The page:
Ethical lines blurred when it comes to money
An article in your paper indicated there is confusion on the part of the governor and some in the legislature regarding "conflict of interest" in legislative action they are considering.
I refer to Sen. Damon Thayer, who is sponsoring a casino bill that provides a huge benefit to the horse industry when he derives a lot of his income from this same horse industry.
His Senate salary is $35,000 per year and he earned over $200,000 in a year and a half from the horse industry and car racing.
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Now, the governor has stated that he saw nothing wrong or unethical about this. Clearly the governor has gone blind. The Legislative Ethics Commission states this is acceptable if his clients are not the only beneficiaries. So as long as there is a restaurant nearby or a parking lot outside a racetrack with some increase in business, then everything is just fine.
It appears special-interest groups have become even more blatant, especially since the majority of the U.S. Supreme Court appears to have been coerced in their Citizens United decision.
The resulting super PACs and others have an even greater undue influence. Even in comedian Stephen Colbert's attempt to ridicule the Citizens United ruling, he has generated over a million dollars in his super PAC. Just wait until the coal industry gets rolling good.
Is there any wonder why the Occupy movement got started or that people have such low opinions of politicians?
Rhyme for the times
I was watching a TV game show and I got a good laugh at a poem quoted by comedian Nipsey Russell: "Election time is almost here, and wouldn't it be a ball, if instead of choosing a candidate we would vote against them all."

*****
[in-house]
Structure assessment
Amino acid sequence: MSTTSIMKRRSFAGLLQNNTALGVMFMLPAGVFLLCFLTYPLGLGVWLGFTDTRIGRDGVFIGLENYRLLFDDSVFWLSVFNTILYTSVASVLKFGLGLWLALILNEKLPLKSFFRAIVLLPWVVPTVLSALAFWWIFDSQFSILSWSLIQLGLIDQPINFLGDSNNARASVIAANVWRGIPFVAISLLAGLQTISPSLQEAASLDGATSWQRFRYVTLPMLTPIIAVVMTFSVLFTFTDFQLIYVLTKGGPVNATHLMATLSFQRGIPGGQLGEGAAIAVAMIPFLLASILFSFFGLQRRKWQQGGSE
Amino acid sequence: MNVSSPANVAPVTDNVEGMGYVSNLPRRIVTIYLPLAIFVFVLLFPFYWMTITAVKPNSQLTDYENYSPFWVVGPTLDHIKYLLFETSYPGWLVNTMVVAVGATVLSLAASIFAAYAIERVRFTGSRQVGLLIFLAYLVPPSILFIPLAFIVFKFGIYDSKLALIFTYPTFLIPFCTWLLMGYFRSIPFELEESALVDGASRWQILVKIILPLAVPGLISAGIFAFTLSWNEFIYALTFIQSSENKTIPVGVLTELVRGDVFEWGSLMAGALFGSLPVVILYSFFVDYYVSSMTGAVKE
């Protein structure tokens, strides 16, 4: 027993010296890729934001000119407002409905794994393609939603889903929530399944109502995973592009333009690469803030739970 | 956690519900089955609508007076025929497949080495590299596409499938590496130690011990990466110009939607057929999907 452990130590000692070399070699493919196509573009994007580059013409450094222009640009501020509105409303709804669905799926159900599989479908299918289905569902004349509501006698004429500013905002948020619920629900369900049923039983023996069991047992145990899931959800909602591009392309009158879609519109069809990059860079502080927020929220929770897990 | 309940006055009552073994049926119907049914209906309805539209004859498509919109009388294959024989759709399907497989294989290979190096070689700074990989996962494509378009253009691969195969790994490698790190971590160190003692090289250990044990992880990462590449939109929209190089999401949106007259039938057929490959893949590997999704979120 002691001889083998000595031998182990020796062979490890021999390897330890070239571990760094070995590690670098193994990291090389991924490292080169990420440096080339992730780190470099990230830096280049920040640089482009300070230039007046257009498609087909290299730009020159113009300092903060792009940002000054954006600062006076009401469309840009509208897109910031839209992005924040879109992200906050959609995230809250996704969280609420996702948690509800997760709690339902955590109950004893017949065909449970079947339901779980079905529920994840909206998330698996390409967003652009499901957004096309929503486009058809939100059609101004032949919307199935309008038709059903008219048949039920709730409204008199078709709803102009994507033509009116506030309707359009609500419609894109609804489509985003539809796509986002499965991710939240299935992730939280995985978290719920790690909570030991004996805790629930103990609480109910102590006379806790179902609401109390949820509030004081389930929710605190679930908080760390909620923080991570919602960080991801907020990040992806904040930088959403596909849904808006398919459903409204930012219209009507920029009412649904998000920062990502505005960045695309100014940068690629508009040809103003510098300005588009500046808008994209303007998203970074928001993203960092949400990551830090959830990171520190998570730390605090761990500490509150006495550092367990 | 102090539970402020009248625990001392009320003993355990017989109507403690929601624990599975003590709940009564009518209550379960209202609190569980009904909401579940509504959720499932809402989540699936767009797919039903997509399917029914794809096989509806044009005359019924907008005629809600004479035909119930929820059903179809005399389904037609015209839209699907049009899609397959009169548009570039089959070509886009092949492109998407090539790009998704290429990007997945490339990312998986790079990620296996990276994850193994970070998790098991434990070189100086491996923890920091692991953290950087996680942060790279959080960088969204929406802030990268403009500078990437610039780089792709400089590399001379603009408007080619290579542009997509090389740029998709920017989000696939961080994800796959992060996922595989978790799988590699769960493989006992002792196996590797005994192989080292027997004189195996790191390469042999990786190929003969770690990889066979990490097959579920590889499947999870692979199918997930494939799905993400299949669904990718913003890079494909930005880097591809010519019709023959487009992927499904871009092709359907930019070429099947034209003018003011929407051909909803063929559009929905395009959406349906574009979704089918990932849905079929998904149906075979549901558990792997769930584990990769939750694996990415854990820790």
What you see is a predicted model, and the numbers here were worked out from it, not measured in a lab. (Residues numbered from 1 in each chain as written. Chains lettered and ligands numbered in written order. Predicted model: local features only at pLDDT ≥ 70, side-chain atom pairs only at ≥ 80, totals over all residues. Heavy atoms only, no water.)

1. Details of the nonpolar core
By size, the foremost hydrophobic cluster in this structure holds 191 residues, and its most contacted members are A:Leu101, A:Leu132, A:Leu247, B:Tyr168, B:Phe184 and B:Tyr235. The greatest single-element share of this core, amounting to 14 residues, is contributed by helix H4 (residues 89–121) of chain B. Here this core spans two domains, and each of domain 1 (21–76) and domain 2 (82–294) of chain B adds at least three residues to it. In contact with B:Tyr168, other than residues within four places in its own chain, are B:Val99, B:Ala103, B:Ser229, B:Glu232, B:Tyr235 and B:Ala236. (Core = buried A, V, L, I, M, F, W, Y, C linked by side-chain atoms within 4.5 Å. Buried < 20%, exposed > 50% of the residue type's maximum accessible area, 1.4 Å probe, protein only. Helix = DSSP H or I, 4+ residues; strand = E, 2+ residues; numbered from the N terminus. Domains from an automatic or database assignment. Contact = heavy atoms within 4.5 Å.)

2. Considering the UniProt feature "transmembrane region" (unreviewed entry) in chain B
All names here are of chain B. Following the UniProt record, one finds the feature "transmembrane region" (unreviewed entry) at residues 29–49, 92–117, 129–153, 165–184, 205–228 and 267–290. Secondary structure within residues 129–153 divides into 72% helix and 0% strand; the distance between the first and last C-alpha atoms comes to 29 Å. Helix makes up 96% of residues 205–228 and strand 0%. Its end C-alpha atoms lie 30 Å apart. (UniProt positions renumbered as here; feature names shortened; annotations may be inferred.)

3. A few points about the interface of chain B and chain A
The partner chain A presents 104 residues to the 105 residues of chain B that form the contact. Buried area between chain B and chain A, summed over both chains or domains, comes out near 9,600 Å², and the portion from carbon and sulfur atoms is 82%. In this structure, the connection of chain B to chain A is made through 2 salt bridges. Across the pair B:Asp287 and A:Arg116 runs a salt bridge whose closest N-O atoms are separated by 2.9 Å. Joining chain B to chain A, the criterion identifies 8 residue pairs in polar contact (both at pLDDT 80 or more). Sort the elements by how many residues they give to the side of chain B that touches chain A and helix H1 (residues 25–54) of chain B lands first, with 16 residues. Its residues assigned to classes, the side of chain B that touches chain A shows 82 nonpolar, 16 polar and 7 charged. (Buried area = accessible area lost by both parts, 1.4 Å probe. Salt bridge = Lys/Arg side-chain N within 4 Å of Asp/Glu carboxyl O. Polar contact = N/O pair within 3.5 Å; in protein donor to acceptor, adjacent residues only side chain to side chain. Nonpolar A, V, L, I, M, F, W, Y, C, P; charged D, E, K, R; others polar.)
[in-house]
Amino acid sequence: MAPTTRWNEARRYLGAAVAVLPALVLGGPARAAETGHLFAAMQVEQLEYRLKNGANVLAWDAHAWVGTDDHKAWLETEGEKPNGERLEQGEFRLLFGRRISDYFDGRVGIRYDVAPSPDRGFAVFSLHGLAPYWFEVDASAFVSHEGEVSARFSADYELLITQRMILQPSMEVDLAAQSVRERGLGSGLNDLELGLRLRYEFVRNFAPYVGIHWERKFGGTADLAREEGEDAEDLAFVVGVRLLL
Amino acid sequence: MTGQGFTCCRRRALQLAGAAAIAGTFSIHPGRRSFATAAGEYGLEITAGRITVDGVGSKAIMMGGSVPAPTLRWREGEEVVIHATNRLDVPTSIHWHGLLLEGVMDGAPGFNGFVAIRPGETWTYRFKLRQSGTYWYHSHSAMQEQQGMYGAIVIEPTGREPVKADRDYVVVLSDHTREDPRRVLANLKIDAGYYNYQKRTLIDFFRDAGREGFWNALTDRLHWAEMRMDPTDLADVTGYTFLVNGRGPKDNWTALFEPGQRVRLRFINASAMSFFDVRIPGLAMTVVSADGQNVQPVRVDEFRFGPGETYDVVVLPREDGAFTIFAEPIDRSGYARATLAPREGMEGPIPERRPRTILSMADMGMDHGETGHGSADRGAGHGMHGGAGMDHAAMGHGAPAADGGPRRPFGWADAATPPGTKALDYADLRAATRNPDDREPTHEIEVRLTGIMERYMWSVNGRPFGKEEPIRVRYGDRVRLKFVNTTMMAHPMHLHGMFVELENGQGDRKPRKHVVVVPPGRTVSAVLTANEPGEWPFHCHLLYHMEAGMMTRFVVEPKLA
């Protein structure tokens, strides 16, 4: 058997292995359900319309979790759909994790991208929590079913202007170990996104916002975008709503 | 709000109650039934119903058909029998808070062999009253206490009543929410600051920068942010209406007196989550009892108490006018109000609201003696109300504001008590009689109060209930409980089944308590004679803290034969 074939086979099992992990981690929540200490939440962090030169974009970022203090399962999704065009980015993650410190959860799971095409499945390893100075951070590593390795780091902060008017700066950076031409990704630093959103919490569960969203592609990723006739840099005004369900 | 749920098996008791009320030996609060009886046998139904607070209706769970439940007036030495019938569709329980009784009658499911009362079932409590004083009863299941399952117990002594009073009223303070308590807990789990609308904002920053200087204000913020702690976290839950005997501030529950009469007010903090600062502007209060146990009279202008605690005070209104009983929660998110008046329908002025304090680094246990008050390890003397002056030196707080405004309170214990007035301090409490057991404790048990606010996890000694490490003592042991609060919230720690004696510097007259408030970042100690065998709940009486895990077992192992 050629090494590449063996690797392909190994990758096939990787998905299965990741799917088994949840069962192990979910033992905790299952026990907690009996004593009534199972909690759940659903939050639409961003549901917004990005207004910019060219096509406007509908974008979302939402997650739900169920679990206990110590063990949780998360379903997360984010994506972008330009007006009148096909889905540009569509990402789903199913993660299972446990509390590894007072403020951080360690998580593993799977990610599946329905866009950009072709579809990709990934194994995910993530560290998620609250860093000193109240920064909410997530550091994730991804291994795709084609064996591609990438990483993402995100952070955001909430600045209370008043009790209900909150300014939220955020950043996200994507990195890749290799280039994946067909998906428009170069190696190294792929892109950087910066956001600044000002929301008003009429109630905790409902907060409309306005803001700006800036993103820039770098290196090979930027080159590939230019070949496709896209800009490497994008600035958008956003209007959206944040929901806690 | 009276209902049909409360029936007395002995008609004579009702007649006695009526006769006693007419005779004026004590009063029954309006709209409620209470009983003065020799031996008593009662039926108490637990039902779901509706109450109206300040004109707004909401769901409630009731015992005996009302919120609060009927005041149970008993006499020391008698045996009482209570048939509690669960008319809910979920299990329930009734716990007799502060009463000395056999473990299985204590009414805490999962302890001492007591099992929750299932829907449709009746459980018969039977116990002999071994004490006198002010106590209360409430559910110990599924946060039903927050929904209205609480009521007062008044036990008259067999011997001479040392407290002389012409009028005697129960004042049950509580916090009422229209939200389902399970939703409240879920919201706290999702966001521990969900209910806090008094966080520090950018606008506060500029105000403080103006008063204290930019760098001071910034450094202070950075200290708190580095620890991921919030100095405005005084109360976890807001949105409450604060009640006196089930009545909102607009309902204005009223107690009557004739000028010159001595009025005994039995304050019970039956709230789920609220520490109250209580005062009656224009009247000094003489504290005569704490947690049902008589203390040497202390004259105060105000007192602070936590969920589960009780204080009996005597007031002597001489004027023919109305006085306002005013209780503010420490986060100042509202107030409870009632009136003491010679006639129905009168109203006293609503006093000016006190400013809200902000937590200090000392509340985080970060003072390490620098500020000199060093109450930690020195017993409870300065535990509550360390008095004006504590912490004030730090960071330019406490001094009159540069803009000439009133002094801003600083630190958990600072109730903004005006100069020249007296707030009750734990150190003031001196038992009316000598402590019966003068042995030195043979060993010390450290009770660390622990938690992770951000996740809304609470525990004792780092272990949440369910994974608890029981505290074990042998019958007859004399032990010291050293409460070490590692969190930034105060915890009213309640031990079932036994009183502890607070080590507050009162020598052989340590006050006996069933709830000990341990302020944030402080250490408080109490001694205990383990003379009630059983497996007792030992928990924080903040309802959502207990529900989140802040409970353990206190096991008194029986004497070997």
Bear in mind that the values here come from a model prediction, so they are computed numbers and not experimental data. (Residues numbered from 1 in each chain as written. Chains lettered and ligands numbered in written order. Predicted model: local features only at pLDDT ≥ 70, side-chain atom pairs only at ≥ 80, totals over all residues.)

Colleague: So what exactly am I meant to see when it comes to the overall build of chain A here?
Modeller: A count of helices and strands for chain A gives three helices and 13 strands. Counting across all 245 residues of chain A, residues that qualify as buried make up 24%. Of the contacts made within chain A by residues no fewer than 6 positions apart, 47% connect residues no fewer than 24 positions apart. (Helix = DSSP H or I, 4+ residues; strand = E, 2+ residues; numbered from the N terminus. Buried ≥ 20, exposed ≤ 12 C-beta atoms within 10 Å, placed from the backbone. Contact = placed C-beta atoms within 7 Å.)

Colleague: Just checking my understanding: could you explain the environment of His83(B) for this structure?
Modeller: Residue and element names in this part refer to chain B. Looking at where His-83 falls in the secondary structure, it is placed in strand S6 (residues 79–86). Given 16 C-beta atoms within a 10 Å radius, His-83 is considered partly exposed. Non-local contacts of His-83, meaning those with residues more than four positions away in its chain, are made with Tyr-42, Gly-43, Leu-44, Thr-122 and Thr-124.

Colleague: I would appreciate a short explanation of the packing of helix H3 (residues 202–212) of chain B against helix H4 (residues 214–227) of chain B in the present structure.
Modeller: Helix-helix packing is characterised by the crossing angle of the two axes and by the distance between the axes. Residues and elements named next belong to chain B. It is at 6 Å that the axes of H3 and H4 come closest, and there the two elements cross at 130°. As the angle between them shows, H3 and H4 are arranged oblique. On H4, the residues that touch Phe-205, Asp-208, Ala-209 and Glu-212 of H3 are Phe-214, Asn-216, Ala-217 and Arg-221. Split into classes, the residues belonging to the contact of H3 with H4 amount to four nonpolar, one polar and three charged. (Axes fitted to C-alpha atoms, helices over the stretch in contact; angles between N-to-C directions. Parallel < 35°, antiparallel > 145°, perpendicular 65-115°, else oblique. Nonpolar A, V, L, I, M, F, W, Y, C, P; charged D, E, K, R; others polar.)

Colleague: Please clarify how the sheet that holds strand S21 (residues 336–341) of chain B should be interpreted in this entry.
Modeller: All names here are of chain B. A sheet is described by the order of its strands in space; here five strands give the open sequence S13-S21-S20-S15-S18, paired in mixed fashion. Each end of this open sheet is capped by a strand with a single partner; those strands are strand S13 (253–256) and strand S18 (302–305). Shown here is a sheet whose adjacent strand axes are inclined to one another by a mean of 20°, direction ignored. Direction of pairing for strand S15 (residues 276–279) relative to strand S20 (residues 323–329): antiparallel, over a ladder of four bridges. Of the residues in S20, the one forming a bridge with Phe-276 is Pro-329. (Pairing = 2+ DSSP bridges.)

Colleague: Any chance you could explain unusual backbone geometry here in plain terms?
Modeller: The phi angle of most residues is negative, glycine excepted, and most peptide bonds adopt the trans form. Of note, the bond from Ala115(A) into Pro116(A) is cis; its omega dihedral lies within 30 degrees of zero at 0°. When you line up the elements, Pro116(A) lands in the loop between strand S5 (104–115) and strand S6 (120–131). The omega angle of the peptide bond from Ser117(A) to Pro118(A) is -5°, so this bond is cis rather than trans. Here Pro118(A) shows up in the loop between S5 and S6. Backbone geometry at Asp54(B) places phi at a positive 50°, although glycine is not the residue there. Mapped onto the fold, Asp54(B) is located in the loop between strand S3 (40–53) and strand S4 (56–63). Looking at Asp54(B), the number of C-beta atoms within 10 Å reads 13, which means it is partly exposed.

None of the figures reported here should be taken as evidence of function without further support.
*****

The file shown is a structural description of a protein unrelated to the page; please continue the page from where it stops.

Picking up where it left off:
My sentiments exactly.
No air travel woes
I am not responding to Sen. Rand Paul's Nashville airport security experience — he has his own agenda.
My most recent flight was in September 2010 to my grandson's wedding in Utah. Lexington's security people were helpful and gracious as I explained using a cane and having had both knees replaced which would affect the scanner alarm.
Security had a woman use the wand and did the scanning in an adjoining cubicle. My shoes were slip-ons, jewelry was only a watch and wedding rings, and my carry-ons had no problems.
A friend was with me and helped with a wheelchair at each transfer and long walk to each flight.
The magic words are still "please" and "thank you."
I'm hoping to fly this year to New Mexico to see my brother. He is 82 and I am 84.
In need of health care
I have been a resident of Kentucky basically my whole life. I am one of many uninsured people in Kentucky. I've tried paying for my own health insurance but was turned down.
I thought Kentucky was the best place on Earth to live, but take away those luxuries and you're treated less than human.
My pets get better health care than I do. Tell me, Kentucky, what's wrong with that picture?
The doctors in this state can't do their jobs because the government has them in a choke hold, but who suffers for this? I do.
We can all agree that it's a mess in Frankfort. They need to resolve the issues they already have instead of creating new ones.
Kenneth M. Watson
Rosemond is right
A letter writer's assessment of the content of John Rosemond's columns deserves comment.
Just as firefighters keep telling us that it would be of great value to check the batteries on our smoke detectors hoping that people will eventually get the message, Rosemond continues to try to hammer home the messages about which he writes so well:
1. Stop trying to be your children's friend; let them be your disciples.
2. Puffing up children's self-esteem rather than teaching accountability sets them up for a rough road ahead.
3. A parent's job is not to cripple children by doing everything for them, but rather to make sure they become productive adults by letting them learn how to be responsible for their own actions.
Need I go on?
Even though all of these messages rely on common sense, they are messages that parents seem loath to receive.
We should be extremely thankful that Rosemond does not just throw up his hands in frustration and give up on trying to help people see the light.
Carole A. Boyd